Kathy Fava [00:34:11]:

Caroline Rodrigues [00:34:11]:
They’re asking for things.

Tiffany Nguyen [00:34:12]:
So And that’s why when I do case study interviews, it’s just myself and my writer. I don’t have a whole entourage of people because they don’t need it and the client. You wanna be able to get the good, the bad, the ugly. Right? And then you’re gonna put up a nice Dorey, and then anything that you learn that they complain about, you can share with the team and said, hey. You guys can optimize the account this way. Maybe create some dashboards for them or some reports. Keep them happy. Right? So those are opportunities to learn about what they don’t like about us because when there is a CSM, they feel there’s a gatekeeper.

Tiffany Nguyen [00:34:40]:
Right? So they might not say what they really wanna say. And for us, we’re just the person getting the story. We wanna hear everything from a to z so we can support them and maybe fix some of their problems, meaning the customers. We can create alignment with the CS and said, hey. I heard this. What about here’s an opportunity for you to upsell this person on x y z. Right? So a lot of it is, yeah, being able to kind of position, you know, why you’re doing a certain thing a certain way because sometimes the CS wants to get on the call, and I’m like, nope. That’s just our rule.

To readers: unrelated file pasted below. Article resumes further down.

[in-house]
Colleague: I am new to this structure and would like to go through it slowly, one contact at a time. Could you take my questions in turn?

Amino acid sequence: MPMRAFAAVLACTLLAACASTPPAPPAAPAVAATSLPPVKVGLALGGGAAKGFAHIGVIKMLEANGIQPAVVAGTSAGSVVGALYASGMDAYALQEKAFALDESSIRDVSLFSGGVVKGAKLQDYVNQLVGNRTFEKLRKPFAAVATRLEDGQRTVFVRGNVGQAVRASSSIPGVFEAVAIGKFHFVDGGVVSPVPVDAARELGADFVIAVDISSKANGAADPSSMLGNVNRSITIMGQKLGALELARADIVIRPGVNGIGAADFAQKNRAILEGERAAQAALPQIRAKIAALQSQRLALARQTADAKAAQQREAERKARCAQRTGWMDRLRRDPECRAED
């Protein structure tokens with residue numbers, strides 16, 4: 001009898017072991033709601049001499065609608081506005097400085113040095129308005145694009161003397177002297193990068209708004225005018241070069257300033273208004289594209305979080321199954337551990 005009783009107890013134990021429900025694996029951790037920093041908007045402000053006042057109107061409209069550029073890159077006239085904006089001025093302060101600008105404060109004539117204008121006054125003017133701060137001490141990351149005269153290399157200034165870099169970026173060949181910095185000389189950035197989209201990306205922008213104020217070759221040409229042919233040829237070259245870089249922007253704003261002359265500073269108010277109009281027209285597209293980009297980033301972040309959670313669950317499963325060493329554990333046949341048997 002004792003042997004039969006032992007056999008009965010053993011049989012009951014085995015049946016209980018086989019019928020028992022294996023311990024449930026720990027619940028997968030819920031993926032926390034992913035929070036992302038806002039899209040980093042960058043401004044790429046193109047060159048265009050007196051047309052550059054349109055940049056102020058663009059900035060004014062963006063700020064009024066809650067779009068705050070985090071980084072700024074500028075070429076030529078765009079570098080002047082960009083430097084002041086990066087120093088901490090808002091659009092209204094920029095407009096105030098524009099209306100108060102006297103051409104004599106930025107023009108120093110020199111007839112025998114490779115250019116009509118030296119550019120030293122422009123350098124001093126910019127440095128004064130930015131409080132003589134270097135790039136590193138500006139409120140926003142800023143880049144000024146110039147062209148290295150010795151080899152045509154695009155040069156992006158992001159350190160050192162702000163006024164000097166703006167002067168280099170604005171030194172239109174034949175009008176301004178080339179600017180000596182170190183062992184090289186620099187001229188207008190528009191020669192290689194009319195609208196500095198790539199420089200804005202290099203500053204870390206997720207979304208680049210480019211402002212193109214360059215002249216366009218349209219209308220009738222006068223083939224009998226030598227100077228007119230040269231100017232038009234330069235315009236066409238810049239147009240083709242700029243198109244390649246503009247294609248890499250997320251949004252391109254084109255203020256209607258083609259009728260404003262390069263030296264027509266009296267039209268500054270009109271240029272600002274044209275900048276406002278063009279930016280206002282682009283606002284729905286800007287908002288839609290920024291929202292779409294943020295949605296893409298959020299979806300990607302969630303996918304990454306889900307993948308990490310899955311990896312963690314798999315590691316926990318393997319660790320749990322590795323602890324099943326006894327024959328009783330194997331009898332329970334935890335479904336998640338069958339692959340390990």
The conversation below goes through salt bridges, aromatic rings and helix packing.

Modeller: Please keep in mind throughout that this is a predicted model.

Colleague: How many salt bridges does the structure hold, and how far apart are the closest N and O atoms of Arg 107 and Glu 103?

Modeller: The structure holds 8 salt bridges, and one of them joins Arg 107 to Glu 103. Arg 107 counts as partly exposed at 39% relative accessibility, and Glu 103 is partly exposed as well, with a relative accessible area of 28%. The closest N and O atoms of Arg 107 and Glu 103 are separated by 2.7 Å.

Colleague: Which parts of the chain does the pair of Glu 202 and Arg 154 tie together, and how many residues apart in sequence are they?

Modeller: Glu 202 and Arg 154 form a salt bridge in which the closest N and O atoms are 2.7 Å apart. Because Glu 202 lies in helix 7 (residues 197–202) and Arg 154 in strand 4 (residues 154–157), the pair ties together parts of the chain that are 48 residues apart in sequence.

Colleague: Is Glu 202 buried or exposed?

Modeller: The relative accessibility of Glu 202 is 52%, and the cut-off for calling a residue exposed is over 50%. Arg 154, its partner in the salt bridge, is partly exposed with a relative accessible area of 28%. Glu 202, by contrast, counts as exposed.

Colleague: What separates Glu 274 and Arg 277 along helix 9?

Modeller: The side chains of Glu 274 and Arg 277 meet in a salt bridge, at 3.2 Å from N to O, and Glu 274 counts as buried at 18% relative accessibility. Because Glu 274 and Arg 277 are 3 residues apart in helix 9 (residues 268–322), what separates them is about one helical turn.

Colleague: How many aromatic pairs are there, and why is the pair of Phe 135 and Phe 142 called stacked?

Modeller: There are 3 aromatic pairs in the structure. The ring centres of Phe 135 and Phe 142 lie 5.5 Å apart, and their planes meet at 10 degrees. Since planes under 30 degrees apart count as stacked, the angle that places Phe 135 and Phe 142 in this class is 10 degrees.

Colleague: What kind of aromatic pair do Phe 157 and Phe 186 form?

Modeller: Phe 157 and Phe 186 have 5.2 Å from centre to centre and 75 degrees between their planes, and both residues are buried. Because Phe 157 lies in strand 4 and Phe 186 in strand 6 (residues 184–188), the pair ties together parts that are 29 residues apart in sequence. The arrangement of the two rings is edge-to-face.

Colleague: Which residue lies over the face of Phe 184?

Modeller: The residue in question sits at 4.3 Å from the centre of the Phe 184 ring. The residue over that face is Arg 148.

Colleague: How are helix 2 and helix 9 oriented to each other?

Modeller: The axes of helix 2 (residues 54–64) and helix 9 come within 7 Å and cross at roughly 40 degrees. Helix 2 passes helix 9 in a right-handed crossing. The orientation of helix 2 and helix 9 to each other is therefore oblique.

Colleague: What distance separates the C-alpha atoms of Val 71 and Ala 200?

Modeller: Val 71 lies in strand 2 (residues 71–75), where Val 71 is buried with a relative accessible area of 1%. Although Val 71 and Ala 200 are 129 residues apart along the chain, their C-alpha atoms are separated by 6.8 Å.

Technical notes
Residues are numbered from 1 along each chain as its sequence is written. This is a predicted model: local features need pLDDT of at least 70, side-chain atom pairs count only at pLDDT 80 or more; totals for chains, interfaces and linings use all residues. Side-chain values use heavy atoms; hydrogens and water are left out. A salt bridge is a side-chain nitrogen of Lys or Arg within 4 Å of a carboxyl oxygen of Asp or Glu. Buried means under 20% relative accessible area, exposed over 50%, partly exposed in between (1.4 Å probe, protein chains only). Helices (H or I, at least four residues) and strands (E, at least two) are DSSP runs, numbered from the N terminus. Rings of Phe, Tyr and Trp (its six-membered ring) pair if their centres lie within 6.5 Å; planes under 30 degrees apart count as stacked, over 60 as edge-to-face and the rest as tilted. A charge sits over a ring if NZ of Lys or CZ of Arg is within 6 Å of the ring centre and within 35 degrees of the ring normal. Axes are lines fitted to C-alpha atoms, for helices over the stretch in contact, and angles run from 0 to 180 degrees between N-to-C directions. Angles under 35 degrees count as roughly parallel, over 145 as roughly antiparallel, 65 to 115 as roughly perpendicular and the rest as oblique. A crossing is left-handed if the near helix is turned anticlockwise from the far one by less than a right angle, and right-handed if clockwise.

Tiffany Nguyen [00:35:09]:
No CSM is gonna be on the case study call or what have you. So and and I’m happy to to talk to anybody on the call if they wanna meet or whatever to talk about startups ideas or some kind of issue that they have that comes up. So reach out. Link in with me. Happy to support everyone here whenever.

Kathy Fava [00:35:28]:

Kristine Kukich [00:35:37]:
Do we need a startup group?

Mary Green [00:35:41]:
For what?

Kristine Kukich [00:35:42]:
I don’t know.